Until 1 August 2020, there were three separate university boat clubs in Cambridge: one for openweight men, one for lightweight men, and one for openweight and lightweight women.

Founding of CUBC

The idea of a rowing race between Oxford and Cambridge was seeded in a conversation between two undergraduate friends. Charles Merivale, of St John’s College Cambridge, and his great friend Charles Wordsworth, of Christ Church Oxford and son of the then Master of Trinity College, Cambridge, were probably inspired by the Oxford vs Cambridge cricket match which had taken place the previous year.

The inaugural meeting of Cambridge University Boat Club took place at Gonville and Caius College on 9 December 1828. Following this meeting, it was agreed that a challenge be sent to the University of Oxford to organise a race between representatives of the two universities. A letter was sent to Oxford in which they were challenged “to row a match at or near London, each in an eight-oared boat during the ensuing Easter vacation”.

The race did not have a settled venue for many years, as its history shows, and nor did CUBC until 1873 when Goldie Boathouse was built on the Cam. It was named after J. H. D. Goldie, who rowed in four Boat Races against Oxford from 1869 to 1872 (winning three). Cambridge’s reserve men’s crew is also named Goldie in his honour.

The 1914 Cambridge boat race crew by Christina Broom. L-R working backwards, starting with Cox at front: L.E. Ridley (Cox); Dennis Ivor Day; Sidney Ernest Swann; Philip Clermont Livingston; John Andrew Ritson; Kenneth Gordon Garnett; C.S. Clark; Clarence Edward Victor Buxton; Geoffrey Egerton Tower.

Origins of the women’s club

In 1869, the autumn after J.H.D. Goldie rowed in the first of his four Boat races, women were first admitted to Girton College, Cambridge. A second college for women, Newnham, was founded two years later (although it was not until 1948 that they were awarded degrees).

The first Boat Race between female crews representing Oxford and Cambridge Universities was in 1927, 99 years after its male counterpart. Many people considered strenuous exercise entirely inappropriate for women (at least for middle and upper-class women), and there was considerable opposition for many years. The first race was held on the Isis in Oxford, with (according to The Times) “large and hostile crowds gathered on the towpath” in protest. Initially, Cambridge was represented by a crew from Newnham College but when Girton College students joined them on the river, Cambridge University Women’s Boat Club (CUWBC) was founded and the Club first raced the OUWBC in 1941.

The first few women’s “races” were not decided in a side by side contest but were judged on “time and style” with the two crews not even allowed on the river at the same time. From 1935 the races became proper contests over 1000 yards or a 1/2 mile, alternately held on the Cam and Isis, and on one occasion on the Thames Tideway at Barnes.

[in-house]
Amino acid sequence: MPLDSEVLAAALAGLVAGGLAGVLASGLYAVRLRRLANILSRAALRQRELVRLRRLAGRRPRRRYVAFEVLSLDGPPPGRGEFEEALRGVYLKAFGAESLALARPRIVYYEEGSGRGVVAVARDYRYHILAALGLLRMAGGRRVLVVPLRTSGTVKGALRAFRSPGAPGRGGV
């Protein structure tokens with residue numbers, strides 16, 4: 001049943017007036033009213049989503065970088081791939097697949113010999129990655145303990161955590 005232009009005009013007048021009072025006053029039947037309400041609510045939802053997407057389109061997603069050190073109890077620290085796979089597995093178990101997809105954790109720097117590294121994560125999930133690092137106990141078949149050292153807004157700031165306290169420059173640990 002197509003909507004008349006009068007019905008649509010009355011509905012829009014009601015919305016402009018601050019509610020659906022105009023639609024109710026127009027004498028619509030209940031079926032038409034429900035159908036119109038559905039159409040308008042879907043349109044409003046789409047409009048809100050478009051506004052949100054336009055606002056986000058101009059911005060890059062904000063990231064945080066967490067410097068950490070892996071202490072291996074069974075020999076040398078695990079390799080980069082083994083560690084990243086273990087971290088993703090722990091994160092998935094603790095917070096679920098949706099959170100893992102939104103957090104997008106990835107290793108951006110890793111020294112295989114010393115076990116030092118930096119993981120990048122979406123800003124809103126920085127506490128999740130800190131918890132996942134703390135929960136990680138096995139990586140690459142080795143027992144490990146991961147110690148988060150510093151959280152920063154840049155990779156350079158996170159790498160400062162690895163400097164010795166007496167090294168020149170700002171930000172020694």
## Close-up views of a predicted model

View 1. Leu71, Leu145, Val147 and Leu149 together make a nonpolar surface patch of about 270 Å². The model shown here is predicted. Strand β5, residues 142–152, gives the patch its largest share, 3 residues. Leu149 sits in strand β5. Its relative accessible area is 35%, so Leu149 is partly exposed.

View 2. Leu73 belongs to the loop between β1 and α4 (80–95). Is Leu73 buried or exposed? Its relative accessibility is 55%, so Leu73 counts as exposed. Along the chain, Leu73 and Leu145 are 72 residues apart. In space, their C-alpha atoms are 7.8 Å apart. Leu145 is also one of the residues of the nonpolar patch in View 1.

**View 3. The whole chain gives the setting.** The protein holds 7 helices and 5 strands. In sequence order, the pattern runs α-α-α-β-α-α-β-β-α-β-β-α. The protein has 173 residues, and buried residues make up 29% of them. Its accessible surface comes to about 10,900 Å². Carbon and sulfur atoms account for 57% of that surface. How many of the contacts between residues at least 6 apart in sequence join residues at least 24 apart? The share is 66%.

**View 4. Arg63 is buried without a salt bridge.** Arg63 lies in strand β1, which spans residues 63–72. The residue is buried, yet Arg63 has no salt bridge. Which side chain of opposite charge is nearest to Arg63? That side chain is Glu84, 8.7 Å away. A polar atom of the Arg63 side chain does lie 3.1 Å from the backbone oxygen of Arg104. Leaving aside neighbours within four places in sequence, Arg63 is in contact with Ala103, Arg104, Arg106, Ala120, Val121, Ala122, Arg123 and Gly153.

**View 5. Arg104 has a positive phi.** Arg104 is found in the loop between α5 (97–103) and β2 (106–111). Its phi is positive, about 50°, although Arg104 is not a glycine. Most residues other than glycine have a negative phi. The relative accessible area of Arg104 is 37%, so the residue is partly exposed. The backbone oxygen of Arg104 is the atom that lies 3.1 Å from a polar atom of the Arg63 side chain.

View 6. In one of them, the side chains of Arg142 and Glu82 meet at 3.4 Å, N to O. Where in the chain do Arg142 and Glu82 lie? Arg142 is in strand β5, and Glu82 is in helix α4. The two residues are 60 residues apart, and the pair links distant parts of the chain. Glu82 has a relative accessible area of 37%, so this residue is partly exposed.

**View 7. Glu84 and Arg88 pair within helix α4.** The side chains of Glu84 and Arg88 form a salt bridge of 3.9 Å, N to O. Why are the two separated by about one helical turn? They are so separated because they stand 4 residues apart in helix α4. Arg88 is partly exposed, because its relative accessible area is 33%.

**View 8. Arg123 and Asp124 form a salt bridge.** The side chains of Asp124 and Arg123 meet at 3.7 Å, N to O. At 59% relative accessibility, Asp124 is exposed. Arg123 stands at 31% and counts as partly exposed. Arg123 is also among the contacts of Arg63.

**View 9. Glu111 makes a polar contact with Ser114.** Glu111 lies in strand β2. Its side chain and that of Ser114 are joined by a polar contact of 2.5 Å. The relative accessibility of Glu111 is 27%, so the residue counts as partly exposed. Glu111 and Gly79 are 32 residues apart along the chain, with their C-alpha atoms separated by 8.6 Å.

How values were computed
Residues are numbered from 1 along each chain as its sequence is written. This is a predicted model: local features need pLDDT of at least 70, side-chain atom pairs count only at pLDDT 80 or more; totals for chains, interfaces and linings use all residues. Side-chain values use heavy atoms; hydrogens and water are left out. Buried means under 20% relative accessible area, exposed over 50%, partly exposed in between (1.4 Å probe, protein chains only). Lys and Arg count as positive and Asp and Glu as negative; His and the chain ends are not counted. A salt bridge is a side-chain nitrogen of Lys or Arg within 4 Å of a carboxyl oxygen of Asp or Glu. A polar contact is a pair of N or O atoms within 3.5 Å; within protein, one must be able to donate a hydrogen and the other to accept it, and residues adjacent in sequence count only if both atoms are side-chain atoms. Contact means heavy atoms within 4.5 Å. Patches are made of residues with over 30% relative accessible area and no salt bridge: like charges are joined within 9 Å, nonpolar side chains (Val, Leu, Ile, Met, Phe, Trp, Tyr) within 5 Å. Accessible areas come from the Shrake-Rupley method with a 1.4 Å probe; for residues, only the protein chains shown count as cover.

From 1941 onwards, the crews were awarded ‘Blues’ by their respective universities, and the race was generally well supported, though an incident with a weir the day before the 1953 race led to a ban on OUWBC from the river and a subsequent hiatus in racing until 1964. Male opposition to women rowing was still rife during the mid-60s:

I personally do not approve of women rowing at all. It is a ghastly sight, an anatomical impossibility and physiologically dangerous.”

The Captain of Selwyn College Boat Club in a letter to the CUWBC

However, this extreme view was not universally held and Canon Duckworth, an old Blue from Churchill College, gave the women much needed support at Cambridge, coaching the Blue Boat (whom he referred to as Perspiring Persephones or Sweaty Bettys) to an impressive run of successes.

Once the Oxford and Cambridge colleges started to become co-educational in the early 1970s, the future of the women’s race was assured. After 1975 there was sufficient strength and depth to field a regular race between reserve crews: Osiris for Oxford and Blondie for Cambridge. 

The arrival of Lightweight Boat Races

Cambridge University Lightweight Rowing Club (CULRC) was founded by Richard Bates in 1974, in preparation for the first Lightweight Boat Race in 1975. Like CUBC it was a men’s club, presumed rather than mentioned in the name.

When women from the two universities planned a similar event for lightweight female crews, starting in 1984, the Cambridge women were invited to join CUWBC.

Right from their inception, CULRC cooperated with CUWBC, inviting the women to join them in racing their event on the same day at Henley from 1977 onwards.

Given that all three women’s crews (Blue Boat, Reserve and Lightweight) and the Lightweight men’s crew raced on the same day at Henley, the two clubs increasingly worked together and shared resources.

Equality was finally achieved for the openweight women when the women’s Boat Race moved to the Tideway in 2015, to race over the same course on the same day as the men. This triggered a series of changes at Cambridge, leading to the decision to merge to form one Cambridge University Boat Club. This was voted through with overwhelming support by members of all three clubs at their AGMs in April 2020. The new club was incorporated on 1 August 2020.

The history of women’s rowing at Cambridge

While CUWBC no longer exists as a separate club, its proud history is recorded in a beautifully-illustrated book, “Cambridge University Women’s Boat Club 1941 – 2014: The struggle against inequality”, published in 2015 by CUWBC alumnae Jane Kingsbury (BB ’72) and Carol Williams (BB ’71), available here.